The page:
There is a disturbing trend developing around debt incurred by publicly funded institutions. In short, the pandemic has financially destabilized publicly funded institutions that are carrying lot of debt. This privately funded public debt is risky because it can force institutions to take some previously unthinkable measures. Public institutions can run into serious financial challenges when they try to carry significant privately funded debt loads.
“Tower Health, buckling under a massive debt load and huge losses over the last two years, will consider selling all six Philadelphia-area hospitals that the Berks County nonprofit has acquired since 2017, Tower officials told municipal bond investors Tuesday. … Three years ago, Tower embarked on a risky expansion, first borrowing money to buy five community hospitals in Southeastern Pennsylvania for $423 million, then paying $24 million for a chain of urgent-care centers, and last year contributing $29 million toward the $58 million purchase of St. Christopher’s Hospital for Children in a 50-50 joint venture with Drexel.”
“While the Las Vegas Raiders plot to stop Matt Ryan and Julio Jones in Atlanta on Sunday, Nevada officials are scrambling to avoid defaulting on the NFL team’s stadium. Clark County floated $645 million in bonds to help fund the construction of the Raiders’ state-of-the-art Allegiant Stadium. Less than two years after issuing the bonds, a steep drop-off in tax revenue means that taxpayers have had to draw funds from a reserve account to make the pending Dec. 1 bond payment of $16.06 million. The county disclosed today that it has pulled $11.55 million from a rainy day account—specifically, the Reserve 2018A Bond Proceeds Subaccount—leaving $57.28 million left in the bond’s reserve account.”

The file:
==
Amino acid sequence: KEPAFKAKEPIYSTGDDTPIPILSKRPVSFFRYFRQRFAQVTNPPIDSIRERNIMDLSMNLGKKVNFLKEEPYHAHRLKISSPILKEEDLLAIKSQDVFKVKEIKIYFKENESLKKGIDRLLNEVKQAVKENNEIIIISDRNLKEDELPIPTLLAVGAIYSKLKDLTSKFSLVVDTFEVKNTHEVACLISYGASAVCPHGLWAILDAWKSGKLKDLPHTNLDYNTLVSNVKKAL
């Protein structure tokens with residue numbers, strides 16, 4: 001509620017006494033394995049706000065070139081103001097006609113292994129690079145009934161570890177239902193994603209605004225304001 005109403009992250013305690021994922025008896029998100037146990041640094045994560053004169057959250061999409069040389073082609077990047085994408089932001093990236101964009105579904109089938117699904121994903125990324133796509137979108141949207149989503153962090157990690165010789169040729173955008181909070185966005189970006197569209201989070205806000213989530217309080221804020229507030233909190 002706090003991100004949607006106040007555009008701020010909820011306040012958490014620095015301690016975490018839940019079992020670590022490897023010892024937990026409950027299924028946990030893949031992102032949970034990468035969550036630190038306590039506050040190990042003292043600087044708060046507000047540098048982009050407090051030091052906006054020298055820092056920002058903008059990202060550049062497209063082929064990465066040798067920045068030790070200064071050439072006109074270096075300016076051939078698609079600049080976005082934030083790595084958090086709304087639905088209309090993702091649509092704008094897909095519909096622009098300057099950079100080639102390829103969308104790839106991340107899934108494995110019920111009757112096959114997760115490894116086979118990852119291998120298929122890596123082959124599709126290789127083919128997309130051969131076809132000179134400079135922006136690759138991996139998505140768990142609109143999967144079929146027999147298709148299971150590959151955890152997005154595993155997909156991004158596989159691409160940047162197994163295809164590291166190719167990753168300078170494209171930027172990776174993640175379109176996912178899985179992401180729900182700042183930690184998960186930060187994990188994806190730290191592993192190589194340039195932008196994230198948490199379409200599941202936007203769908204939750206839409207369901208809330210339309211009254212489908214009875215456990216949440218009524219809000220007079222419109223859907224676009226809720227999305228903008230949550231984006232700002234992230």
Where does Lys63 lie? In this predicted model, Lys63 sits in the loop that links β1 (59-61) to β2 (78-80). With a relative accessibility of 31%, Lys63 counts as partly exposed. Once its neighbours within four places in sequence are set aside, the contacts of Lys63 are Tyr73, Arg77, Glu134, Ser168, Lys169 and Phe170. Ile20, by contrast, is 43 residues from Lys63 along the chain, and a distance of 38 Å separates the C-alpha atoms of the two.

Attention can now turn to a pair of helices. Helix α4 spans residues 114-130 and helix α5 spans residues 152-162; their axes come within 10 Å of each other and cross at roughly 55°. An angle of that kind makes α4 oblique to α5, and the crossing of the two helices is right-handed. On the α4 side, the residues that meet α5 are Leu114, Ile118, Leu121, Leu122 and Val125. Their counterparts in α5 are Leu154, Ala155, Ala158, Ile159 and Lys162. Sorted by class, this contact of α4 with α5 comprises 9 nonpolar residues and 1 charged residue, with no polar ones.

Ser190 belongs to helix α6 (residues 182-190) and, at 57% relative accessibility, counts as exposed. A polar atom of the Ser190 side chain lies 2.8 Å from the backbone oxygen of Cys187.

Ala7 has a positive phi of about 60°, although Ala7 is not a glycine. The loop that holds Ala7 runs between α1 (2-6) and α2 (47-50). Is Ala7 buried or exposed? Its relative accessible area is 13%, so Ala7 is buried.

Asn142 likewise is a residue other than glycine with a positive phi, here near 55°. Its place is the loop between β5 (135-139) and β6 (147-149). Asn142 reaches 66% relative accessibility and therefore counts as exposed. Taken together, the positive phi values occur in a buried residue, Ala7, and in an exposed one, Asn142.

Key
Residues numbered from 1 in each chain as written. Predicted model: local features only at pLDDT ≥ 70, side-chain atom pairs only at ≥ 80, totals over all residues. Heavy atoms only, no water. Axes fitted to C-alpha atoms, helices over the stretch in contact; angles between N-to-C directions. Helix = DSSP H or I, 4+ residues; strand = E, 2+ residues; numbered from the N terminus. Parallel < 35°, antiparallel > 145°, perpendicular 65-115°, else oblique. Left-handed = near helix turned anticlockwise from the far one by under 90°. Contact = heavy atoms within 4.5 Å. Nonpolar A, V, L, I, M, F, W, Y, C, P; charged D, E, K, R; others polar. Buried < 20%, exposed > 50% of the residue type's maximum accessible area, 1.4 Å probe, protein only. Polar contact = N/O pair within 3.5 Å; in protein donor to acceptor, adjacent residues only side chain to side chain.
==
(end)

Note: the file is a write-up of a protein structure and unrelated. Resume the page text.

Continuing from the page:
“PATERSON — Passaic County Community College’s president isn’t bothered in the slightest by the school’s debt rating downgrade. Last week’s downgrade from Moody’s Investors Service on $11.8 million in short-term debt was coupled with a negative rating outlook for the college, which operated at a deficit of 7% last year, records show. College President Steven Rose said the school is being downgraded for not having enough money in the bank, and he wouldn’t want it any other way. “That’s not our goal,” Rose said. “Our goal is to keep tuition as low as we possibly can for our students.””
“There are more financial issues for the University of Toledo as one of the nation’s major bond agencies has downgraded the school and listed UT as having a negative financial outlook. This is just the latest report of money problems the school is having. The University of Toledo Medical Center is in the red with losses of nearly $15 million dollars through February. The school is also looking at layoffs and furloughs amid the COVID-19 pandemic, in part coming from major cuts in state aid to the tune of $4 million. “… “Of the 10 Ohio public universities Moody’s rates, only 2 others have negative outlooks, Shawnee State and Wright State. “